By Marlene Cimons
Scientists know that sea levels have risen more in some places during the past century than in others. They've gone up faster along the Mid-Atlantic States, particularly near Cape Hatteras and the Chesapeake Bay, compared to north along the Gulf of Maine and south along the South Atlantic Bight. But why?
"Sea-level rise affects us all," said Chris Piecuch, assistant scientist at the Woods Hole Oceanographic Institution and lead author of a new study recently published in the journal Nature that explains the reasons for sea-level rise variations on the East Coast. "Those of us who live on the coast are feeling, and will continue, to feel more acutely its effects. But even those who don't live on the coast will feel the effects. Going into the future, over the coming centuries, multiple meters of global sea-level rise are possible. And even if the nature of storms doesn't change in the future, the higher 'baseline' of rising seas will make the impacts of coastal storms worse. Sea-level rise will come, making the bad worse."
Piecuch and his colleagues attribute the "unequal" sea-level rise in the East to a phenomenon known as "post-glacial rebound."
Thousands of years ago, large ice sheets covered large parts of northern North America, including large swaths of Canada and the northeastern U.S. As a consequence—because the ice sheets were so massive and heavy—they weighed down Earth's crust, causing it to sink directly beneath the ice sheet. "As a result, places that were around the edges or periphery of that ice sheet were actually levered up," Piecuch explained. "It's an imperfect analogy, but you can perhaps think of a see-saw. When you sit on one end of a seesaw, it goes down, whereas the other end of the seesaw goes up. Again, this was the picture thousands of years ago."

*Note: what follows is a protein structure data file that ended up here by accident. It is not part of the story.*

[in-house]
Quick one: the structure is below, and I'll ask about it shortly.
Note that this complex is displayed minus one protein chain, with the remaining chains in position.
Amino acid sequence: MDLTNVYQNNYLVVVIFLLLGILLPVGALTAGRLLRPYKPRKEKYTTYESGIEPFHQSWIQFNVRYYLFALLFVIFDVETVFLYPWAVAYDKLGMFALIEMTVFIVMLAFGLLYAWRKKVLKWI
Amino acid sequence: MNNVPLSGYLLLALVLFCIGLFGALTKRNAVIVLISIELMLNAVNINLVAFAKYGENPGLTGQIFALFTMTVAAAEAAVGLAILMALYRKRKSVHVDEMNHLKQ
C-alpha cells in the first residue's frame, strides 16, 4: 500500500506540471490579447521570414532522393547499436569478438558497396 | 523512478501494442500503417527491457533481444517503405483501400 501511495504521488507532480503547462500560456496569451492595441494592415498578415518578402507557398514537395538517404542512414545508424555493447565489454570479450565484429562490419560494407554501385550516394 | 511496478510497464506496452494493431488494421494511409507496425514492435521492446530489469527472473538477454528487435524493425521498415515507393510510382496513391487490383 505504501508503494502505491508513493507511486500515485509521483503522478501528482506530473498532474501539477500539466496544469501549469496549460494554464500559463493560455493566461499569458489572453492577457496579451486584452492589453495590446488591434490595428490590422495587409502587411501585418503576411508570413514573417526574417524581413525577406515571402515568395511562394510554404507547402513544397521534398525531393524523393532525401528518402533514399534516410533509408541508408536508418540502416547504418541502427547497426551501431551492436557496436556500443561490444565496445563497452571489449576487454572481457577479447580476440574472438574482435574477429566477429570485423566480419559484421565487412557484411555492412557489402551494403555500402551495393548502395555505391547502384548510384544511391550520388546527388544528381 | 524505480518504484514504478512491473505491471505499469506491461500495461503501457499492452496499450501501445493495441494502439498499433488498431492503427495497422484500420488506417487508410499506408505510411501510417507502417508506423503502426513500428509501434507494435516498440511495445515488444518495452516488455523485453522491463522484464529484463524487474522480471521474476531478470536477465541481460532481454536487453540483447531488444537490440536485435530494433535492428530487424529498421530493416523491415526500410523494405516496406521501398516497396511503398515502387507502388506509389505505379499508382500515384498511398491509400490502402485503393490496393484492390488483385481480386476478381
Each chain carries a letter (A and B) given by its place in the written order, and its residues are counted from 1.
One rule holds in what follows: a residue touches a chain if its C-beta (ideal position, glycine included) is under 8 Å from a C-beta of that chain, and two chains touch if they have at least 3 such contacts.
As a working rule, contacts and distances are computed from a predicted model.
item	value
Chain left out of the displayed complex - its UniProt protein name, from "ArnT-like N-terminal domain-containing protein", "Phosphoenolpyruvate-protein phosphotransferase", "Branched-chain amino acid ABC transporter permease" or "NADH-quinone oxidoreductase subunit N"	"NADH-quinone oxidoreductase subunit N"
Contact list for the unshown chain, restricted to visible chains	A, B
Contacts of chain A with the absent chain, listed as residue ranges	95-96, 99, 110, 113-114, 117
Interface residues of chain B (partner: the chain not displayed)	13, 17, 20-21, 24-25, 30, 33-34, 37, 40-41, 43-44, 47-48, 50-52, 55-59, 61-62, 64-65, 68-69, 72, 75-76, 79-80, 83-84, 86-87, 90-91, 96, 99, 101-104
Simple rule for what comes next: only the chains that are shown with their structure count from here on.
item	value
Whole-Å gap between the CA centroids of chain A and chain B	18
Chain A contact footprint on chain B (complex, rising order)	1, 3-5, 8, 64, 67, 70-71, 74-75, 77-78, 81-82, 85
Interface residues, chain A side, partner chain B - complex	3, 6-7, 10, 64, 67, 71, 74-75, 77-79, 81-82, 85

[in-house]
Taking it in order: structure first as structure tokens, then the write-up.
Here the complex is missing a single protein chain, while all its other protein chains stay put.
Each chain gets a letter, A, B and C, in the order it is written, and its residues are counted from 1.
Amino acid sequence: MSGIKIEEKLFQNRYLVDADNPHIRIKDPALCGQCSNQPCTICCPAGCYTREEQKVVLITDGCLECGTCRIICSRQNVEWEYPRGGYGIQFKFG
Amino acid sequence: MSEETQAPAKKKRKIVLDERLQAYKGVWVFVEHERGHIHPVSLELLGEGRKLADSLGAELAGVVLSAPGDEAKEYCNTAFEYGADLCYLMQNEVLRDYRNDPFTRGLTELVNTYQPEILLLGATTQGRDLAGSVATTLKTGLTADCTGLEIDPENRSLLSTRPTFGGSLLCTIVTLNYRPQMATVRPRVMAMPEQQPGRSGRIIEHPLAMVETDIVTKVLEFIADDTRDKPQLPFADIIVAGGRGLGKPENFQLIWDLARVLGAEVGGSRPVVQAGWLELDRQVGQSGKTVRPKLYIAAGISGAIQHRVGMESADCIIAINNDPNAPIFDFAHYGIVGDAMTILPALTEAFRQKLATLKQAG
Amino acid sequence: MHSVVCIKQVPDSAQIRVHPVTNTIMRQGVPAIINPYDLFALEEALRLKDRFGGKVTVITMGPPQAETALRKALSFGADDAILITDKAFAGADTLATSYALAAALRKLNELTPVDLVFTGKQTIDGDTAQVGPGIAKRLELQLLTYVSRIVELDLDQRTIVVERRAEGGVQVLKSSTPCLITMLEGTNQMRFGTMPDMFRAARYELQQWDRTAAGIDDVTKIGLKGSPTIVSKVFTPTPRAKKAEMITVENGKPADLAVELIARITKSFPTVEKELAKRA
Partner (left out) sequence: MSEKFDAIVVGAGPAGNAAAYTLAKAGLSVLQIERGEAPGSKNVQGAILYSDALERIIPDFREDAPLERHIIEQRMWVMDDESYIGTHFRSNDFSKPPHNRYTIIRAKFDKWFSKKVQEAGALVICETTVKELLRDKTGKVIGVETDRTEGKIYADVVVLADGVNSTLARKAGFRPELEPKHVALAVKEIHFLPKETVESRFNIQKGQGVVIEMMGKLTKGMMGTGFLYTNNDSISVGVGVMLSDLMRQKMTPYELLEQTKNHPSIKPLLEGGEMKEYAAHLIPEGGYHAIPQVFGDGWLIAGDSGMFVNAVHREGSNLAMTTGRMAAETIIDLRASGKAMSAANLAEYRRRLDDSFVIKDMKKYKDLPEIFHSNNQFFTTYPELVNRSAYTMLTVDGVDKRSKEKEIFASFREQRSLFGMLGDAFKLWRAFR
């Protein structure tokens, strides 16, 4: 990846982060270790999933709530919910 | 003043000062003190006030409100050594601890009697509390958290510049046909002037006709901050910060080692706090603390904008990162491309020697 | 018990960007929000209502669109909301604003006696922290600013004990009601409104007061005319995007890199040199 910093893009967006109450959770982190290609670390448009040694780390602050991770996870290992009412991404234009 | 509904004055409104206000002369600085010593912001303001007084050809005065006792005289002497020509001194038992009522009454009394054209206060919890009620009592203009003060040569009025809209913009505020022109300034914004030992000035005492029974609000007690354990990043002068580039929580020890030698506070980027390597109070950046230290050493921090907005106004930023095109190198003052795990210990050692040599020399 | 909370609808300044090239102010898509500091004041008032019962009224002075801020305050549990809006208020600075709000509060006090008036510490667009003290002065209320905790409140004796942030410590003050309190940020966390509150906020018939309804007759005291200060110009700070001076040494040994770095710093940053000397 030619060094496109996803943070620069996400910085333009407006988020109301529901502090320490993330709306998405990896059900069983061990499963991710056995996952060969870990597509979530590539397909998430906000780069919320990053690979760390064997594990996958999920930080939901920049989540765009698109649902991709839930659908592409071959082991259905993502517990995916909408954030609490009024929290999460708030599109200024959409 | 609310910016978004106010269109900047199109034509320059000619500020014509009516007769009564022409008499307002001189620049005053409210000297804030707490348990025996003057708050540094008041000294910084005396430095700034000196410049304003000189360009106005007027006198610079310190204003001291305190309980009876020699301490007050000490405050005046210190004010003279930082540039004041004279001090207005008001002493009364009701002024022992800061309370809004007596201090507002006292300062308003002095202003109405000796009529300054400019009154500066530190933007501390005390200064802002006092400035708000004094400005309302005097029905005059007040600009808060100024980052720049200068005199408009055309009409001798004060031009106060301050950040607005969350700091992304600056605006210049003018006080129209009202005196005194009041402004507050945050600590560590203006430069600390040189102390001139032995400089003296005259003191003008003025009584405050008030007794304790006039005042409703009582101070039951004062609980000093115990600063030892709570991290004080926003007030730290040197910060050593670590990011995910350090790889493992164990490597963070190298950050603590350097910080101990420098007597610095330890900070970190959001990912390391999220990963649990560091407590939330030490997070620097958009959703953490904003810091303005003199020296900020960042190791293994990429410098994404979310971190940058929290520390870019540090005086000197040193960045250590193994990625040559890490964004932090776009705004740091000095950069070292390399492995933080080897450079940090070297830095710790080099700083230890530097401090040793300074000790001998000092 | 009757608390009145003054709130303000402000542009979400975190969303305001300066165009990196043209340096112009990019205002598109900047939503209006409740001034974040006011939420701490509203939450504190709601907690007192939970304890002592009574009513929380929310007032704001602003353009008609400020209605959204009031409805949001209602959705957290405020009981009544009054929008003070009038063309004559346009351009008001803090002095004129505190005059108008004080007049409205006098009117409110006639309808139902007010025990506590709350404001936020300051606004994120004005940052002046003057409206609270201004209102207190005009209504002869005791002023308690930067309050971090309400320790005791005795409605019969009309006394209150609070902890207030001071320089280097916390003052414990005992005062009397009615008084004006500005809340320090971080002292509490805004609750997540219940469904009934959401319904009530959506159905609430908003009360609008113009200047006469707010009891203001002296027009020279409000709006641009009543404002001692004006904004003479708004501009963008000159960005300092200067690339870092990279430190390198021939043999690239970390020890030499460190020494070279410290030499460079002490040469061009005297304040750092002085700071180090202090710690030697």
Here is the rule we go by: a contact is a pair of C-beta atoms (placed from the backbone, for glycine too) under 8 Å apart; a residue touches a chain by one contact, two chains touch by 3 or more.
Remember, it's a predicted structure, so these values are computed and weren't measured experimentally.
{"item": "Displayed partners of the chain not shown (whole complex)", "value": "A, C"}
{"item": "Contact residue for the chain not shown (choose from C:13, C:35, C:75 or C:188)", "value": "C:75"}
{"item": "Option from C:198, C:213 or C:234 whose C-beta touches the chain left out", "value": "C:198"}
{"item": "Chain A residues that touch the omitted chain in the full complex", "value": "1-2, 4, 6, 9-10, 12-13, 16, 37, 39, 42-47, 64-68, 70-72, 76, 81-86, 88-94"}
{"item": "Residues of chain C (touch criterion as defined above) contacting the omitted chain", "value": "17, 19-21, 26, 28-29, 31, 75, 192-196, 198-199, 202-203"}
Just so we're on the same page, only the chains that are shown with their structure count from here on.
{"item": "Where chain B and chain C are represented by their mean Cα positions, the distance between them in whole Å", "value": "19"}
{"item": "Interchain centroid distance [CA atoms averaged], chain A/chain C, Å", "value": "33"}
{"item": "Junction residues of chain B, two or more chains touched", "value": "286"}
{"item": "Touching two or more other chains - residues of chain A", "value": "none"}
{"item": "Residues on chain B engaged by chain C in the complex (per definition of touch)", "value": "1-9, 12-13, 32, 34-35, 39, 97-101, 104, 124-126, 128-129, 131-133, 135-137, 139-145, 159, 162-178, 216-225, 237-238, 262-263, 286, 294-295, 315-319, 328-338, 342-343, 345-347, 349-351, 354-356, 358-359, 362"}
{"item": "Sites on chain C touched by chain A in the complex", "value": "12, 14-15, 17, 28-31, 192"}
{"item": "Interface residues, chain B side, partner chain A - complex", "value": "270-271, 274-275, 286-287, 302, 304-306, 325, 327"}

In the intervening time, the ice sheets melted, reducing the weight. As a result, the areas formerly sunken down under that massive weight could relax and rise up, whereas those regions around the edges that were formerly levered or bulged up sank, he said. "The seesaw is again helpful here," he said. "If you imagine stepping off the seesaw now, the end you'd been sitting on can rise back up, whereas the other end now sinks down."
Even though the ice sheets had disappeared by 7,000 years ago, the see-sawing of post-glacial rebound continues to this day, he said. "Because the Earth responds so gradually—and is, in a sense, still feeling the last ice age—that 'reverse' see-sawing is still ongoing, with land moving up in some places and down in others," he said. "And it's that spatially variable land motion that gives the effect of different rates of sea-level rise at different places on the East Coast."
While the differences on the East Coast are due mainly to naturally occurring post-glacial rebound, the exacerbating effects of climate change are "felt everywhere along the east coast commonly," he said. "The oceans are warming and expanding thermally, and land ice is melting, and that water is running off into the ocean, both causing sea level to rise. We know that global sea-level rise over the last century was faster than any other time during the last three millennia, that sea levels wouldn't have risen nearly the amount we observe if it weren't for human influence, and we know that—even over just the last 25 years—the rate of global sea-level rise has been accelerating. These and other evidences are telling us that what has been happening during the recent past is unusual and anomalous. And, based on our best understanding of the science, we can only anticipate that things will continue to accelerate, and problems of coastal impacts worsen."